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Funny thing about this 'McGuffin/Iran arms deal' thesis cropping up today; because over the weekend I was reading an advance copy of my friend Chris Petit's forthcoming metaphysical spy thriller, The Passenger. Not out till April but I highly recommend it and not just because Chris is my BF and getting me drunk tomorrow: I wasn't convinced by his last coupla books and told him so; but this is brilliant - he's got the mix just right: fact, fiction, conspiracy, DeLillo-esque impersonation of real historical characters (here a vivid and haunting portrait of CIA spymeister James Angleton). CIA, Borges, Greene, London, Thatcher, oil, conspiracy, melancolia ... what's not to like? It's ostensibly about the Lockerbie plane and 'who put the bomb on and why?' is in some senses the McGuffin. I won't say more than that (except that Iran, Iraq and arms dealing do figure heavily), but here's a passage from page 98:

"Angleton and Hitch dined together occasionally in Washington. Hitch was a fan. Angleton had given him the McGuffin for North By Northwest. The ideal McGuffin was the perfect zero: the idea that drove everything and explained nothing. Angleton told Hitch that he and Greene had once invented an agent in Rome that didn't exist. "Perfect," said Hitchcock."

This is central (so central I can't quote the next few lines).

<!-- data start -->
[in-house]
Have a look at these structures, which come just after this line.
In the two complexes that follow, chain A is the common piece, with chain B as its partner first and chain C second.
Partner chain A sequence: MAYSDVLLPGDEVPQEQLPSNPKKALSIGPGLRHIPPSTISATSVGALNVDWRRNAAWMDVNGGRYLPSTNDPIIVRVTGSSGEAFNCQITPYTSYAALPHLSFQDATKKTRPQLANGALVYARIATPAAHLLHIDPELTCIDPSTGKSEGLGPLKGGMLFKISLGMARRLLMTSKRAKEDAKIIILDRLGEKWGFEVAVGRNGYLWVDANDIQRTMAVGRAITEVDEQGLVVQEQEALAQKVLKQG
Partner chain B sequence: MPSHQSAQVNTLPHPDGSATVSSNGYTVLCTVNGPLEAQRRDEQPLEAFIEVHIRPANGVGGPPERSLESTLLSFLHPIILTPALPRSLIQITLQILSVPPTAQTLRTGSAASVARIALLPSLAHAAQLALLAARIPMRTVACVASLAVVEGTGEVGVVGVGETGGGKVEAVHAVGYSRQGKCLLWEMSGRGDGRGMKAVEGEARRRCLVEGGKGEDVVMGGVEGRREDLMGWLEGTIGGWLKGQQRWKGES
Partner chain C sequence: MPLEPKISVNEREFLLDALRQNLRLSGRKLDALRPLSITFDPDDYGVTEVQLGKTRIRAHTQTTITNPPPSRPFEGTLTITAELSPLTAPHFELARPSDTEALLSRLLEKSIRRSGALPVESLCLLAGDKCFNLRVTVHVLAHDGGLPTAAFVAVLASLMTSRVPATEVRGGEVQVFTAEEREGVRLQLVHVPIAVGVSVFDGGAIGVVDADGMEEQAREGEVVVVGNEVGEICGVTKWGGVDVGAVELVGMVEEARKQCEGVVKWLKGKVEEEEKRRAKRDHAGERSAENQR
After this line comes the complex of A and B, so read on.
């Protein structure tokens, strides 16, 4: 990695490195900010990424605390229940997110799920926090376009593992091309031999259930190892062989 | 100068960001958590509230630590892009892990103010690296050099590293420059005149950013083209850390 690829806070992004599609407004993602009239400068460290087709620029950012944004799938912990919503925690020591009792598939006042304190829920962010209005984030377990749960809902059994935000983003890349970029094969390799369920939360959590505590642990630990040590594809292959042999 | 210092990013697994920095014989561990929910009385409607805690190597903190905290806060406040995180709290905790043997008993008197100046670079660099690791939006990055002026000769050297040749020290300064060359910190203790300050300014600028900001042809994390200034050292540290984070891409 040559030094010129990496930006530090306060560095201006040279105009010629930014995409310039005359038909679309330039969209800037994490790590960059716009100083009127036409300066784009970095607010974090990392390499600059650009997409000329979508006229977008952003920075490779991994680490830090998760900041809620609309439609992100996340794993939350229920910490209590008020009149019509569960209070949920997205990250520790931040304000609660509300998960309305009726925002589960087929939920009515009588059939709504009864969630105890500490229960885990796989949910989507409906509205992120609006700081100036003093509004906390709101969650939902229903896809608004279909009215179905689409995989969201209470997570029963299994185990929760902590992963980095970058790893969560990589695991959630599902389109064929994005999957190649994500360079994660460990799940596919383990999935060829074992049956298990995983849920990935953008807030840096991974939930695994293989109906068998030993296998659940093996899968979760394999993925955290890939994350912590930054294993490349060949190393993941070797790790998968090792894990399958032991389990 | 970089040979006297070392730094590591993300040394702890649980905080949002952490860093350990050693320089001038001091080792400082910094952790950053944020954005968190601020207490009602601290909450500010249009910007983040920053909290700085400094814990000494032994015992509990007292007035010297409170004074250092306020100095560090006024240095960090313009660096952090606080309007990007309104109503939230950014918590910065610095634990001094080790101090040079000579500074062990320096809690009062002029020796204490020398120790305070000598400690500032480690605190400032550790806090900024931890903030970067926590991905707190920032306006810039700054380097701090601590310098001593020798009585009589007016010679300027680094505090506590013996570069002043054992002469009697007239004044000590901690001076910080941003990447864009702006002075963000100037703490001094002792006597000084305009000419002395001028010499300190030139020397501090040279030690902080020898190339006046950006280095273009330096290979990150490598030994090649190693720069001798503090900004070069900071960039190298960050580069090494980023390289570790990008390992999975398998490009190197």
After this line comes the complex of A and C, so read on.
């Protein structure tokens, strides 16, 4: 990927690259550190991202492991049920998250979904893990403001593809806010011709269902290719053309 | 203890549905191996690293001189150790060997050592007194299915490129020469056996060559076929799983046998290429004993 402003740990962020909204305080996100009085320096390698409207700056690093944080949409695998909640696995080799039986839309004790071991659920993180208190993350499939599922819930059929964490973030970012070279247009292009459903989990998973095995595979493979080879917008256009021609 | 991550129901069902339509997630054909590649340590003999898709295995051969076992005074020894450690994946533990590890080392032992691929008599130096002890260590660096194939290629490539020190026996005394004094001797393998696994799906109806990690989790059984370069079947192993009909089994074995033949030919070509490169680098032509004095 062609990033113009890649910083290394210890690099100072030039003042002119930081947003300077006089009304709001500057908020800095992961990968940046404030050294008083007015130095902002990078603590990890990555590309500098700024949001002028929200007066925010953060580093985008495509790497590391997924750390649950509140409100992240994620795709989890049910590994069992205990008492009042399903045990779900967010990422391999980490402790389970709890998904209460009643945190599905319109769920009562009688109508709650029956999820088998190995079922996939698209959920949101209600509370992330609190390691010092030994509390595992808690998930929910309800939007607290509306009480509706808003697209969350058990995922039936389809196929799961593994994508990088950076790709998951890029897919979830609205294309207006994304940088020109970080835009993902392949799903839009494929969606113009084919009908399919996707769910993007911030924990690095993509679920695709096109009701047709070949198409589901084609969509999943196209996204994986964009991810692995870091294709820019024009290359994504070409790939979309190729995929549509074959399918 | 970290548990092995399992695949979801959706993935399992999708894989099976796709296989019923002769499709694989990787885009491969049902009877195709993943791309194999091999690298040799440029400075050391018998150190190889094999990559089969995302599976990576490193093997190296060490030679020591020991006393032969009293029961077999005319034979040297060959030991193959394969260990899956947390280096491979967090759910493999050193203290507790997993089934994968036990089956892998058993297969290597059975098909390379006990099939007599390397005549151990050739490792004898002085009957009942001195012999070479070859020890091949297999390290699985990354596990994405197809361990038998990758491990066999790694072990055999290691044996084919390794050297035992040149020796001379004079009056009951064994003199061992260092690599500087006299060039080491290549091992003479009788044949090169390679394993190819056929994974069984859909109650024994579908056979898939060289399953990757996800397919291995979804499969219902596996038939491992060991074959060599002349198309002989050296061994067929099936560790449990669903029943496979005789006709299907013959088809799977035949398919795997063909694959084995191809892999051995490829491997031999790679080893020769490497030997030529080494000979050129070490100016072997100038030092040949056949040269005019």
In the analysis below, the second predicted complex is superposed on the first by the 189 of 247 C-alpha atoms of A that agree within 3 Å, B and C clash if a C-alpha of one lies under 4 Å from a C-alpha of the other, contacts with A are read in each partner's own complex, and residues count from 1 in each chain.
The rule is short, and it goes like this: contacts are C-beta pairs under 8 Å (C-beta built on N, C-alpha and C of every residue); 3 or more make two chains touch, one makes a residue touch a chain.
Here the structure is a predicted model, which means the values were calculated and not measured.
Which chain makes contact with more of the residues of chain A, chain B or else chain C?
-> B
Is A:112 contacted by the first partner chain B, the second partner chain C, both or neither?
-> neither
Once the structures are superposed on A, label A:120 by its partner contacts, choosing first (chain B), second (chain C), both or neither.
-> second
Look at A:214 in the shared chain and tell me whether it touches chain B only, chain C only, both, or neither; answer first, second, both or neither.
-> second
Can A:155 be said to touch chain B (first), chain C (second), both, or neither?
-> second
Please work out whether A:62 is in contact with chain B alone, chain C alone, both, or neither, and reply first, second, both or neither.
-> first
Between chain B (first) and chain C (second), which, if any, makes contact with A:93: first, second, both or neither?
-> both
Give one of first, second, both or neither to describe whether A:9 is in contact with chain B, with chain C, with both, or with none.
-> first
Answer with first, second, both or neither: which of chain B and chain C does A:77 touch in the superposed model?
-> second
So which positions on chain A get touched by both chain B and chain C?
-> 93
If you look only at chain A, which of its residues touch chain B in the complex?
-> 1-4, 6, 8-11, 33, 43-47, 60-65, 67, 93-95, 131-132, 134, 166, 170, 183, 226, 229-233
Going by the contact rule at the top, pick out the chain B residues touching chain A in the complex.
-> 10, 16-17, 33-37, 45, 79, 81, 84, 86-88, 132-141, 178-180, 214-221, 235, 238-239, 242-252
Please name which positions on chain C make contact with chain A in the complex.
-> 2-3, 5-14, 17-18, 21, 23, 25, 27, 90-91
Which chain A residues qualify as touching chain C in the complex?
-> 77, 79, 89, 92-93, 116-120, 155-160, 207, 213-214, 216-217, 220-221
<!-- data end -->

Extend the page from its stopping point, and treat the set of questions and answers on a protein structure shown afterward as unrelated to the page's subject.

Uncanny coincidence, eh?

BTW1: I also highly recommend Chris' Northern Ireland thriller The Psalm Killer.
BTW2: does this count as inadverant 'viral marketing' or something?

posted by Ian 1/16/2006 05:14:00 PM

Comments:
The idea that Galloway (not to mention Tony Benn and Arthur Scargill) are/were double agents working to discredit the left is the only thing that even *begins* to make sense!
 
PS Just being nosy, but which are the Petit novels you didn't rate? I wasn't too struck by The Hard Shoulder - but I reckon Robinson is an absolute masterpiece...
 
On no I LOVE Robinson (I think I may even be in it...). I was thinking of the last two 'thrillers', one of which (THE HUMAN POOL) had BRILLIANT stuff in it, but the narrative flow was overpowered by having too much thrown in - or at least I thought so; and BACK FROM THE DEAD (which I think Chris was a bit unhappy with too). Anyone who likes Welles or Fassbinder should read Robinson...
 
Brilliant, Ian

Yes, I adore uncanny coincidences - a letter does indeed always arrive at its destination ...
 
Or - see The Passenger - a letterBOMB...
 
Could it be this one, by any chance?

The top winner in the contest for the greatest blunder of 1998 was a Latin-American patriotic terrorist who sent a bomb letter to a US consulate in order to protest against American interference into local politics. As a conscientious citizen, he wrote on the envelope his return address; however, he did not put enough stamps on it, so that the post returned the letter to him. Forgetting what he put in it, he opened it and blew himself to death — a perfect example of how, ultimately, a letter always arrives at its destination ...
 
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